The good news is that adopting social selling doesn’t mean the industry has to reinvent the wheel. Rather, it should feel natural because this kind of digital communication is simply an extension of what agents are already doing. Instead of viewing digital marketing and social selling as an entirely new strategy, remember that it’s built on the same bread-and-butter relationship skills that trusted insurance advisors have always used with their customers. Insurance leaders must acknowledge social media as a sales channel, just like cold calling and in-person meetings, and must integrate social selling into the fabric of their organizations.

    How to Advocate for Social Selling

    Social media isn’t going anywhere. It’s where consumers are interacting with each other, looking for advice, and learning new things. This means intermediaries have to be there, too. Insurance agents need to reach their clients and prospects alike on social media, and the carriers and agencies they’re part of can help.

    With this in mind, insurance marketers and leaders must advocate for social selling throughout the organization. And everyone has a role to play. While marketers will stay busy coordinating paid ad campaigns to reach new target audiences and managing the branded social media, agents and other representatives of the brand must be on board as well: They need to be posting, liking, and replying to build relationships and bring a human touch to the broader social media strategy. Getting this buy-in means bridging the gap between sales and marketing — and educating them on why social selling works. If you're ready to sell-in social selling, here are four ways to get started:

    1. Get Everybody on the Same Page

    While some marketers may already be comfortable with the concept, social selling is still a recent marketing innovation for the insurance industry. Marketers need to get up to speed on strategy and execution, while also educating the organization (especially intermediaries — have we mentioned how important they are?).

    Start by defining social selling. This is our shorthand definition:

    Social selling is using social media to sell a product or service. It’s using social to:

    · Showcase thought leadership

    · Engage with potential customers

    · Interact with existing customers

    · Build trust and relationships

    Sounds pretty straightforward, right? While the execution can be trickier — think balancing paid and organic advertising, tracking analytics to calculate ROI, and overseeing the social media accounts of all the intermediaries — starting simple helps ease everyone into the process. This is especially important for advisors with limited social media experience. Lead with empathy to help them adjust to the new face of insurance marketing.

    2. Speak Their Language — With Stats to Back You Up

    Intermediaries want to build relationships and drive results — and social selling can help them do it — but only if they understand its potential. Highlight the value social selling has for both the company and individual intermediaries. Thankfully, this is one of the easier parts of selling social selling: The stats can do all the heavy lifting.

    Gather good information from trustworthy sources. If you’re going to be persuasive, you have to paint the picture of what social selling can do. Some of our favorite data comes from LinkedIn. Sales reps scoring higher on LinkedIn’s Social Selling Index experience:

    · 45% more sales opportunities

    · 51% higher likelihood to hit quotas

    · 78% outselling peers who don’t use social media

    And don’t be afraid to share the success you’ve had with brand social media, too. Brand social media and intermediary social selling, paid social ads, and organic social media content: All of these are chapters in the greater narrative of successful digital marketing strategies.

    3. Seriously, Bring Up the Data

    Raw numbers are well and good, but case studies marry data and narrative in a uniquely compelling way. Countless other industries have had success with social selling, and insurance needs to pay attention. Share these stories about what social selling has accomplished for so many other businesses. The housing industry, for one, has been particularly astute with social selling in recent years, especially when it comes to mortgage lending.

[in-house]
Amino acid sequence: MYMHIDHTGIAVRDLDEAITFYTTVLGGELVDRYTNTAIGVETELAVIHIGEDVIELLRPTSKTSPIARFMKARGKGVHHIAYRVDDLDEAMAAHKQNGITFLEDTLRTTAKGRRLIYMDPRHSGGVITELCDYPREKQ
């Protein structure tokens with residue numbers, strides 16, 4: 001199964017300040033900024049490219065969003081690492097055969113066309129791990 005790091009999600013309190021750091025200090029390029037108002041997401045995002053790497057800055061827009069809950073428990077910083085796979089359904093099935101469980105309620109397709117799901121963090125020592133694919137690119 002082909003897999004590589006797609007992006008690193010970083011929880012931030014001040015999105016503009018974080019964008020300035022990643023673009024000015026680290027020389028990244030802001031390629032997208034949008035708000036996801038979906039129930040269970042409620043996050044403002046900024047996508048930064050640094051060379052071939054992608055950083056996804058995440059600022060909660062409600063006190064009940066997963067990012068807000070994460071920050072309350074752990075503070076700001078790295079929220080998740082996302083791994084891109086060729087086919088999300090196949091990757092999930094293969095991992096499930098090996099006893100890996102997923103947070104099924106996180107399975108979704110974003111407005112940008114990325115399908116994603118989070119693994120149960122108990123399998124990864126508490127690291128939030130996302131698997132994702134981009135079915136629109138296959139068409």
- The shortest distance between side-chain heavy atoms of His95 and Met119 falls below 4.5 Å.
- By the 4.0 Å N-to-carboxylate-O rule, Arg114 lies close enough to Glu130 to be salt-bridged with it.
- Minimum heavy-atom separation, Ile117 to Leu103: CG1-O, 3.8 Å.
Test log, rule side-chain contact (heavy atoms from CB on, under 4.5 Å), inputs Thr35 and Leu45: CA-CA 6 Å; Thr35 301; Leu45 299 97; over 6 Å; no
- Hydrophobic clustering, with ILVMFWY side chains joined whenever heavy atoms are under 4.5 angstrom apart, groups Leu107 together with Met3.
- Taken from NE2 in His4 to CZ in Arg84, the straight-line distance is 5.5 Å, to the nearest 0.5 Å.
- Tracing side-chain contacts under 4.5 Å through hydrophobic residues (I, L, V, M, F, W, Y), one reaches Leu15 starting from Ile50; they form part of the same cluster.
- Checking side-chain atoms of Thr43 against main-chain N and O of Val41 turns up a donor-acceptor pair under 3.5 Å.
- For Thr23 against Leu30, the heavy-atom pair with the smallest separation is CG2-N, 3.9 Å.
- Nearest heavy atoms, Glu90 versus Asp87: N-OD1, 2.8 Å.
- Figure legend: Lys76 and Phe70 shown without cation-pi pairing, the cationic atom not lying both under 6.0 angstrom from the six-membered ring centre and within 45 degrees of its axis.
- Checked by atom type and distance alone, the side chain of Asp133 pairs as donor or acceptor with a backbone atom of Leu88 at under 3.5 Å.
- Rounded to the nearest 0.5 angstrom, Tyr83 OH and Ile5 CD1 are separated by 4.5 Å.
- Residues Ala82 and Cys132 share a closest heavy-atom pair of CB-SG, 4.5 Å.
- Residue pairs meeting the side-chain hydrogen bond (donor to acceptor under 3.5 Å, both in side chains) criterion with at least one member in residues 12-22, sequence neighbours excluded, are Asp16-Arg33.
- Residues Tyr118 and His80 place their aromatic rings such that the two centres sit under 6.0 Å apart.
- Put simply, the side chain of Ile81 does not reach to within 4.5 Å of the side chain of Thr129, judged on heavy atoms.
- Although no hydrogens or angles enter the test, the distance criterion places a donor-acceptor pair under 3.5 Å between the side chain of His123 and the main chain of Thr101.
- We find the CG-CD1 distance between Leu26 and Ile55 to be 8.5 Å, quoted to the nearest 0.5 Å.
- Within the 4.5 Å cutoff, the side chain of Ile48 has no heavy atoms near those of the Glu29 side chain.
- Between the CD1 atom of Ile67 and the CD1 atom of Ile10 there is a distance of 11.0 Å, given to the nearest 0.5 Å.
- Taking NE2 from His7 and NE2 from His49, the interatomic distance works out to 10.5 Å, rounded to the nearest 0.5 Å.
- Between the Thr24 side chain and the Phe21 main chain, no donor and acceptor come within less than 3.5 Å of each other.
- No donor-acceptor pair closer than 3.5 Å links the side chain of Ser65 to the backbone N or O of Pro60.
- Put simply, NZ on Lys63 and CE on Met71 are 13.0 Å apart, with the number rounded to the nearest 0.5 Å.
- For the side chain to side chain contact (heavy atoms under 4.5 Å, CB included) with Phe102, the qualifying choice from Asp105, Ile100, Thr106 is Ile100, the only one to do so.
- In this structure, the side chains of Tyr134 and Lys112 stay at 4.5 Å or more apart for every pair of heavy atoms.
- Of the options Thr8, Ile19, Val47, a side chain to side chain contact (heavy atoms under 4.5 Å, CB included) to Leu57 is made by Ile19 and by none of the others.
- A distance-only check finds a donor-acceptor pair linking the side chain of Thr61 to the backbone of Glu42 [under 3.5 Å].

In addition to formal case studies, bring the concept to life with experiences anyone can understand or has likely seen in their personal social media feeds. Local real estate agents are great examples of an industry that’s exemplary at utilizing social selling tools. Instead of starting from scratch, look to adjacent regulated industries to guide the way.

    4. Create a Culture of Q&As

    Don’t assume leaders know that social media is a sales channel — but also, don’t talk down to them when explaining the state of digital marketing. This means creating safe spaces where pros can ask questions (and not feel silly). Have a coffee; grab lunch. Give someone permission to be vulnerable and learn. Their aversion is likely rooted in misunderstanding. And remember, more experienced professionals may never have used social media for anything other than personal sharing. Empathy is your best friend. Walking alongside leaders and agents as they dip their feet into social selling will be so much more effective than talking down to them from the podium of knowledge. Building a strong foundation of understanding and a desire to learn will go a long way toward activating a social selling strategy.

    Social media marketing for insurance intermediaries may seem like a radical concept, but it’s more radical to not be using social as a sales tool. Sure, it may be new and feel risky, but educating the team and arming them with resources will make social selling feel not only prudent but necessary. To learn more about how social selling can help you reach your audience, request a demo today.

    3 Steps to Social Selling
    September 16, 2022

    What is social selling and how does your financial institution get started?

    Social selling is just what it sounds like: using social media to sell a product or service. It’s leveraging social to build personal relationships, showcase thought leadership, engage with prospects, interact with existing customers, and ultimately build trust and rapport that will eventually lead to sales.

    Social selling is the perfect crossroads of marketing and sales. It enables intermediaries – like loan officers, financial advisors and insurance agents – to add value to the customer journey where there wouldn’t otherwise be an opportunity.

    If you're wondering where to get started, check out Denim Social's latest infographic to learn more.

    Ready to learn more? Click here to meet with the Denim Social team.

    Connect & Convert on Social

    Successfully scale conversion optimized campaigns across all social media channels with built-in compliance, publishing tools, and more.
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    Connect & Convert on Social

    Successfully scale conversion optimized campaigns across all social media channels with built-in compliance, publishing tools, and more.
    Book a Demo

    Connect & Convert on Social

    Successfully scale conversion optimized campaigns across all social media channels with built-in compliance, publishing tools, and more.
    Book a Demo